New to Shacknews? Signup for a Free Account
Already have an account? Login Now
Because that’s exactly what we need right now, a Pokemon NFT from Logan Paul.
YouTuber Logan Paul not only purchased one of the world’s most expensive Pokemon cards recently, it’s now been revealed that he’s turning it into an NFT. Yes, you read that correctly, Logan Paul is turning a Pokemon card into an NFT.
The news comes courtesy of a video posted by Paul, with coverage from outlets like Kotaku. The card in question, a rare Pikachu Illustrator card from 1998, was purchased by Paul for a staggering $5,275,000, breaking the Guinness record for the “most expensive Pokemon trading card sold at a private sale.”
Congratulations to @LoganPaul on achieving his first Guinness World Records title!
His PSA 10 Pikachu Illustrator is the most expensive Pokémon card sold in a private auction – $5,275,000
Its incredible value not only comes from its rarity, but also because the card was graded a 10 by the PSA, which is reserved for Gem Mint cards. According to the PSA site, the card Paul purchased is currently the only known mint Pikachu Illustrator card.
If the attention garnered from purchasing such a card wasn’t enough, he made sure to remind people about it being in his possession in the most Logan Paul-esque fashion imaginable by wearing it around his neck during his WrestleMania fight back in April. Now, he’s reminding people once again that he has it by noting it’ll be listed as an NFT on July 9 on the platform Liquid Marketplace for $0.10 each.
As noted by Kotaku in regards to Liquid Marketplace, “The platform currently has barely any online presence, history, or information, but shares a mission to ‘offer collectors the opportunity to co-own physical and digital assets through the power of tokenization’ on its about page.”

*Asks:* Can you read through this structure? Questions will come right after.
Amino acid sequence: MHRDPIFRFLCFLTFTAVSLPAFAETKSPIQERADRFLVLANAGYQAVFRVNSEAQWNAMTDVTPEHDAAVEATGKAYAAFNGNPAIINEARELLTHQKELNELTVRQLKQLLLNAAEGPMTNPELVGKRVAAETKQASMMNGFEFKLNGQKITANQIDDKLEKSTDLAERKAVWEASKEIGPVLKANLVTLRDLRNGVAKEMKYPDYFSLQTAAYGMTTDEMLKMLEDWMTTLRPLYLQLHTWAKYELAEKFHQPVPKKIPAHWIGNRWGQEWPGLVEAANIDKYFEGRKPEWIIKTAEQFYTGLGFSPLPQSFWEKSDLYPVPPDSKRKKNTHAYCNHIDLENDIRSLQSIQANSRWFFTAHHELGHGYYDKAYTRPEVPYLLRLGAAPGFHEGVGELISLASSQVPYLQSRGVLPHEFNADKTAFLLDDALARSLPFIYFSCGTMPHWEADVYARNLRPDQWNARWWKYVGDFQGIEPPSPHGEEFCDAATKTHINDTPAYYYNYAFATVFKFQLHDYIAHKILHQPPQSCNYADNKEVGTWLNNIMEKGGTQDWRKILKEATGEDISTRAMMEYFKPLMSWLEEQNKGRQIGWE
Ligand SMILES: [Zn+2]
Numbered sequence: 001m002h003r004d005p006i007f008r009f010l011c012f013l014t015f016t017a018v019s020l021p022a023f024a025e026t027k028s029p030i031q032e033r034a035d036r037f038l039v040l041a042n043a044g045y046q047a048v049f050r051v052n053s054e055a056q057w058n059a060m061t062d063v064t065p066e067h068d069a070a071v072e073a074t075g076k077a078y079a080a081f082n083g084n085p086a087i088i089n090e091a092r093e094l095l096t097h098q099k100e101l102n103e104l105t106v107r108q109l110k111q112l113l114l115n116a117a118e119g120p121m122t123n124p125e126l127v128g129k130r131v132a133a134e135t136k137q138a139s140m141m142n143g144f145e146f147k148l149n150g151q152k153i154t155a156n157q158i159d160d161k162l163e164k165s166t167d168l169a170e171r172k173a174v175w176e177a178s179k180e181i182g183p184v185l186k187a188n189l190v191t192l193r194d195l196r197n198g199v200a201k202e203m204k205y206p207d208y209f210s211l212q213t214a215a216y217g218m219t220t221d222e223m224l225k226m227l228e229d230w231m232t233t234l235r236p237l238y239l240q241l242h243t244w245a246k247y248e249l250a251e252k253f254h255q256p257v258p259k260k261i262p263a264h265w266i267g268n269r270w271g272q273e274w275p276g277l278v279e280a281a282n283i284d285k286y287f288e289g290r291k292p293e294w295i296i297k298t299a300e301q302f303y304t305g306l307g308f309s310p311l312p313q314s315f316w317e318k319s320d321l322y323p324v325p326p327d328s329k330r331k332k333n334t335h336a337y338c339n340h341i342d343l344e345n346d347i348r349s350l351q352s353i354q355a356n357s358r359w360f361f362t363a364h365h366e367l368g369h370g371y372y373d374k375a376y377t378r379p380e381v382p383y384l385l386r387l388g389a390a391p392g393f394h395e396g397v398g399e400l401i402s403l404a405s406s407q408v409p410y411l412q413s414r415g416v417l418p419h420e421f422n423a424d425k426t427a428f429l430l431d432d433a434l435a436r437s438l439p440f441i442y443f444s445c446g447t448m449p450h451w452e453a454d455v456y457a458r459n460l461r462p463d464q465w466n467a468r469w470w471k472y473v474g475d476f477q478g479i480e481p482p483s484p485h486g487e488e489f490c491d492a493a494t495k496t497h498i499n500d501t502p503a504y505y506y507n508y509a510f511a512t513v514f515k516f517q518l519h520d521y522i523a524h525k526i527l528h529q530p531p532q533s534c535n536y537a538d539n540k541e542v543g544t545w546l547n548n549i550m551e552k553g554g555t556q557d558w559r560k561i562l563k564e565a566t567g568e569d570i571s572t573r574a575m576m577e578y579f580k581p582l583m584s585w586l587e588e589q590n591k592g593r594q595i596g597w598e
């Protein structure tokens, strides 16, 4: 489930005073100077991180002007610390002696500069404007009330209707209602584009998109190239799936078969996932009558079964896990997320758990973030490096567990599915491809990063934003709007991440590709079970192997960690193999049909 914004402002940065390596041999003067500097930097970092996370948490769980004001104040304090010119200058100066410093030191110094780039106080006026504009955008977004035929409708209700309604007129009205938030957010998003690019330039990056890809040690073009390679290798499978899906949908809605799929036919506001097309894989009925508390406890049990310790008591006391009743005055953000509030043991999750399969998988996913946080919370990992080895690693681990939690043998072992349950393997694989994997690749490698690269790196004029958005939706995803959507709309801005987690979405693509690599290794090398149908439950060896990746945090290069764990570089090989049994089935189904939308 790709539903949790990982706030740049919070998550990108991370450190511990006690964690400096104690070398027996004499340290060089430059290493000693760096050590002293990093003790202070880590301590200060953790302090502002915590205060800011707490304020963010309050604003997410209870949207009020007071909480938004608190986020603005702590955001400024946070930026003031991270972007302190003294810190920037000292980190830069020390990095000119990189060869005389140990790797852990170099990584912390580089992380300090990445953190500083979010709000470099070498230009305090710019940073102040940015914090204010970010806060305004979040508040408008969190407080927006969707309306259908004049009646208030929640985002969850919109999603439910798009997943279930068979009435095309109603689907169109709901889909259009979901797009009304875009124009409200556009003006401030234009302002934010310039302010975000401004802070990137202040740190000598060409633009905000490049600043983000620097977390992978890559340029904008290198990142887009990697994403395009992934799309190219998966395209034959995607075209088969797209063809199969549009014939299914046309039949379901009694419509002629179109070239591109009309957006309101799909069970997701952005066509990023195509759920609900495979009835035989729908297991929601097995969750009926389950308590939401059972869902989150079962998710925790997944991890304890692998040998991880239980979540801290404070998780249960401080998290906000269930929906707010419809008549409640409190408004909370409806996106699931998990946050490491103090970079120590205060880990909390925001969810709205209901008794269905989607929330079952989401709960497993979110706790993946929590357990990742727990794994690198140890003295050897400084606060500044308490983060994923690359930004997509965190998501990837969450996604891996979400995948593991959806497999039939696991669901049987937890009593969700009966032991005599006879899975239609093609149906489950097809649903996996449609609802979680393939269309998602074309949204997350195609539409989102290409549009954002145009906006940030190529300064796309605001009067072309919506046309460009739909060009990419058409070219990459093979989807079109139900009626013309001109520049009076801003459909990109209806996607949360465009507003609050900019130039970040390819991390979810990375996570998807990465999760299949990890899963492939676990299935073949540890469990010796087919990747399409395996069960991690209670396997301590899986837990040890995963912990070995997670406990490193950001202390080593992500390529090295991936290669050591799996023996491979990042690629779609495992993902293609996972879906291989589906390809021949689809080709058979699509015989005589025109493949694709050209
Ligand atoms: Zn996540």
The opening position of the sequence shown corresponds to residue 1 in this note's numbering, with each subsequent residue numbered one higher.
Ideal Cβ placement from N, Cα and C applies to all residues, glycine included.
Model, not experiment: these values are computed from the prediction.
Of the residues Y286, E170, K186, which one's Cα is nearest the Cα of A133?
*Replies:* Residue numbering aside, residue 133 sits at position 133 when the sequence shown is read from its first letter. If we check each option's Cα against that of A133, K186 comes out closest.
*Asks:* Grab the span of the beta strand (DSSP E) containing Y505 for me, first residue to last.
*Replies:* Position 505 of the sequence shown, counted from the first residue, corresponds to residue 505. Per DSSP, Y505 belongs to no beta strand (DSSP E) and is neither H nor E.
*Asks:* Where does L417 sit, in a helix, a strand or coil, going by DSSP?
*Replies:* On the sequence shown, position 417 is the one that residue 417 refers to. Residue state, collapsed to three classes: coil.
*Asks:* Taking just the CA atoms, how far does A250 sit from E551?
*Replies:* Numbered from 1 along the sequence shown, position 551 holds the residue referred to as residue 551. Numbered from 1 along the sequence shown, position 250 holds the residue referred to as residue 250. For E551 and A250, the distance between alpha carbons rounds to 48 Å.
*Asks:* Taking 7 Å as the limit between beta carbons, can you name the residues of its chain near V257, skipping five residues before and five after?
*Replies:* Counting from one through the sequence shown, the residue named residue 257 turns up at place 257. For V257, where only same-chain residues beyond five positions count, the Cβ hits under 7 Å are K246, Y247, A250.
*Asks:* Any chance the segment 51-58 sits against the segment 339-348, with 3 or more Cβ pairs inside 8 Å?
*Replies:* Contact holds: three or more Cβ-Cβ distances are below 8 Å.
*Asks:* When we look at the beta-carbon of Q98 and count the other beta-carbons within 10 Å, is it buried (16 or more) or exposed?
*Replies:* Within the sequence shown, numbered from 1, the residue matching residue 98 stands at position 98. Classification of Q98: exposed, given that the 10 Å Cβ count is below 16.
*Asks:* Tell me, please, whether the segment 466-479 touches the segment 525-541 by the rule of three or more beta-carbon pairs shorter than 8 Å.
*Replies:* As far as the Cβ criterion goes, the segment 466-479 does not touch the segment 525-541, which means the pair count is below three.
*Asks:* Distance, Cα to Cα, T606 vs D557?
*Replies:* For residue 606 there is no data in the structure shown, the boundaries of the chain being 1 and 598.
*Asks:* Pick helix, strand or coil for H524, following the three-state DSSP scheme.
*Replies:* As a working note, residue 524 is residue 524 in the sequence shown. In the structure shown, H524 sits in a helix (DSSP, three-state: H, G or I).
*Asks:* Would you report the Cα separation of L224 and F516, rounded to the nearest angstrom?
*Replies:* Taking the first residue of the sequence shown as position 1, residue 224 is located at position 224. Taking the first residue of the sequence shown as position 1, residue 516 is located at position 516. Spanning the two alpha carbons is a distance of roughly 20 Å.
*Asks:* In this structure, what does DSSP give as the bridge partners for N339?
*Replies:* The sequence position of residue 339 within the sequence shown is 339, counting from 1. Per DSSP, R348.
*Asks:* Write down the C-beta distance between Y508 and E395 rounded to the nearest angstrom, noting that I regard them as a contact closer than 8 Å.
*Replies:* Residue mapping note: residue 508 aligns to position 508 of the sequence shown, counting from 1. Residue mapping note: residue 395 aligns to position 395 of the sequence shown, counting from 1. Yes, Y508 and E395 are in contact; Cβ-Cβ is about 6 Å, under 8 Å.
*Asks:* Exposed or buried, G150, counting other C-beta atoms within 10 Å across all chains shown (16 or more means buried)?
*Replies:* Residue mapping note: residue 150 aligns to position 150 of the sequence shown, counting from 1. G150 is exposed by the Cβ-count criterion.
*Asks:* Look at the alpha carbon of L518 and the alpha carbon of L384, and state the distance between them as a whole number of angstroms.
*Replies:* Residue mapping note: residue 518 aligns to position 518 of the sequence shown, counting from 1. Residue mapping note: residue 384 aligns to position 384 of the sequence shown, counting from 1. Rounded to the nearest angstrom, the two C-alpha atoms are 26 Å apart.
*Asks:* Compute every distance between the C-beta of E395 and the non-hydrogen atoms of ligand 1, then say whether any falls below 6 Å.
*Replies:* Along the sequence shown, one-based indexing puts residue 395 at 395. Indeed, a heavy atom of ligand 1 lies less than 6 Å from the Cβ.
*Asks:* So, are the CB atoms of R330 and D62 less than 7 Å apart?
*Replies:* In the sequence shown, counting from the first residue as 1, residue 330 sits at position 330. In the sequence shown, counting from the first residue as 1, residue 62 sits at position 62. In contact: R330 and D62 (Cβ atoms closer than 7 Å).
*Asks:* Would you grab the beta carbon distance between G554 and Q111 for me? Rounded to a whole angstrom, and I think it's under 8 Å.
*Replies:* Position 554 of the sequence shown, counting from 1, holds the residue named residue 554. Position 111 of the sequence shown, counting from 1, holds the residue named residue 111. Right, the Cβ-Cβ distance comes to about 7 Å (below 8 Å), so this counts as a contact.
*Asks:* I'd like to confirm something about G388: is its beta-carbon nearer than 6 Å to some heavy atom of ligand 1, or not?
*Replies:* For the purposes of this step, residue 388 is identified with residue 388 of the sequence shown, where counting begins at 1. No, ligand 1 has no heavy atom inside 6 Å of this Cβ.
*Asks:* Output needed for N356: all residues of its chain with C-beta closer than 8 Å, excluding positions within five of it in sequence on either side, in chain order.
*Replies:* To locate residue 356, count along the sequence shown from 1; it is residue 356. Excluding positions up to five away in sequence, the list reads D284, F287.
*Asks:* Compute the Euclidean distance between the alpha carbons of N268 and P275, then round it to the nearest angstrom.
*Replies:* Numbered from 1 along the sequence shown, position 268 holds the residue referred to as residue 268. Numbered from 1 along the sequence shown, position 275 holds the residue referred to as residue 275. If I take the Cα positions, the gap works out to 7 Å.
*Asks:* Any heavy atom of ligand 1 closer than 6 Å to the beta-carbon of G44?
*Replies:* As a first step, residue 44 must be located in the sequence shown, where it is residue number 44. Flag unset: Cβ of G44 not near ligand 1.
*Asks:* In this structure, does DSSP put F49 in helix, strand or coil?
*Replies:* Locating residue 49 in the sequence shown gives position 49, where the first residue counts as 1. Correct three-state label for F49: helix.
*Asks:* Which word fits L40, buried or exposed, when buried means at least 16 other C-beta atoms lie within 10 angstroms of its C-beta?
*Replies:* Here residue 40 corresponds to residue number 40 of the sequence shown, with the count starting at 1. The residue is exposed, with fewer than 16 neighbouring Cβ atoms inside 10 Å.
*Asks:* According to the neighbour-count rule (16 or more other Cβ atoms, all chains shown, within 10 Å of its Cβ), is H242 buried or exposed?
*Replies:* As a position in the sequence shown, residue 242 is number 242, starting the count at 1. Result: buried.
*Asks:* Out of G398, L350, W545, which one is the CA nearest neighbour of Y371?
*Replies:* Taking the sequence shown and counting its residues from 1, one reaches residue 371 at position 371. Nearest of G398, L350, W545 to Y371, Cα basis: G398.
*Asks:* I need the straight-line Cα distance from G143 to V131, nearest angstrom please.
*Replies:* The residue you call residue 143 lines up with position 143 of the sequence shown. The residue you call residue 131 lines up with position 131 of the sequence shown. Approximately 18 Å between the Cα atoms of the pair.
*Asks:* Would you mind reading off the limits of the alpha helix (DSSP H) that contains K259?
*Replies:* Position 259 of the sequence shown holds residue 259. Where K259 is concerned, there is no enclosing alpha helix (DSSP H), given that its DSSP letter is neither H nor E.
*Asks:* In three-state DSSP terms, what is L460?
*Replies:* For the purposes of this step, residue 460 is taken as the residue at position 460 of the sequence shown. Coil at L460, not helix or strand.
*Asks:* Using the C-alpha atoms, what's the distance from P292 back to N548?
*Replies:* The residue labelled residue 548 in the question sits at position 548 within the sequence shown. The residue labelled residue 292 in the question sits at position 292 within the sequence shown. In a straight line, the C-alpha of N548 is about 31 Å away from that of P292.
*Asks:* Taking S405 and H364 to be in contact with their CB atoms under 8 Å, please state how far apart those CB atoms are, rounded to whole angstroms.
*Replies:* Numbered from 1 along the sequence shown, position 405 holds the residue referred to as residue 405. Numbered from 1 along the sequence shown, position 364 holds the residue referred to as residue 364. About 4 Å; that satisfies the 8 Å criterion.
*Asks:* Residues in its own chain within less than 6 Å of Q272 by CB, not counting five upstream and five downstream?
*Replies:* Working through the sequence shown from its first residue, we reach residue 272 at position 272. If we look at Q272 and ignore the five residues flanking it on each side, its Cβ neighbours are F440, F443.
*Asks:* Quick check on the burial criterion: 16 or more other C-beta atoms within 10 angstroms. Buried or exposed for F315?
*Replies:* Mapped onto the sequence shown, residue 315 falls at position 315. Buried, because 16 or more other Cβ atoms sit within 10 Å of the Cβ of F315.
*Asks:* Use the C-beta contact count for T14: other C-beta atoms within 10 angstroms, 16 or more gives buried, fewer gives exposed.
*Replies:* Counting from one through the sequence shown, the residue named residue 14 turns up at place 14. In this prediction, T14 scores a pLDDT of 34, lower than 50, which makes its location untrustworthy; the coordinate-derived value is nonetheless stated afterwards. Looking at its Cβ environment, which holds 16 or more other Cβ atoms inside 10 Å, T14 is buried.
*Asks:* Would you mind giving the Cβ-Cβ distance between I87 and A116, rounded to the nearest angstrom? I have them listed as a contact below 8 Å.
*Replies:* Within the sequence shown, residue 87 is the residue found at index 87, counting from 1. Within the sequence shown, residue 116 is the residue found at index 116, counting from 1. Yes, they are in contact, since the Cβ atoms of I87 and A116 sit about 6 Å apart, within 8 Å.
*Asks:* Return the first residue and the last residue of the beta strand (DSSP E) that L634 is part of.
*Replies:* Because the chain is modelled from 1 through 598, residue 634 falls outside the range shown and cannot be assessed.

In addition to all of that, Paul is also claiming a minority 49 percent ownership of the card, and will be storing it in a TBD community vault.
It’ll be interesting to see how much interest, if any, there will be around the NFT once the listing goes live on July 9. Until then, we’re eager as always to hear what you think about Logan Paul not only owning the world’s most expensive Pokemon card, but deciding to turn it into an NFT.
Let us know in Chatty, and for more on Logan Paul, also be sure to read through some of our previous coverage including how he might’ve been swindled into buying $3.5 million in fake Pokemon cards.
Morgan is a writer from the frozen wastelands of Maine who enjoys metal music, kpop, horror, and indie games. They’re also a Tetris fanatic who’s fiercely competitive in games like Tetris 99… and all games in general. But mostly Tetris. You can follow Morgan on Twitter @Author_MShaver.
Morgan Shaver posted a new article, Logan Paul mints most expensive Pokemon card into an NFT
How is he legally able to sell an NFT of someone else’s IP?
I think you just described NFTs lol
It isn’t very clear what exactly he’s selling. Seems like it is NFTs that represent shares of ownership in the physical card? That seems like it dodges the IP.
I think it’s the same principle that allowed the seller to auction the card. It’s his card; he can do what he wants with it. It looks like he is creating shares of ownership in the form of NFTs, using blockchain to certify the legitimacy of those shares (such as it is).
Now if he were creating digital likenesses of the card and attempting to sell those, that would definitely be infringement.
That was my initial thought as well, but if he’s just selling shares, that goes against the essential concept of NFTs. Shares are fungible. My 1/1000th and your 1/1000th of company X are interchangeable. Each NFT is supposed to be unique, that’s the Non-Fungible part of their name.
Maybe he’s divvied up the card and selling individual lots. Like you can own the bottom right corner of it.
It’s stupid regardless.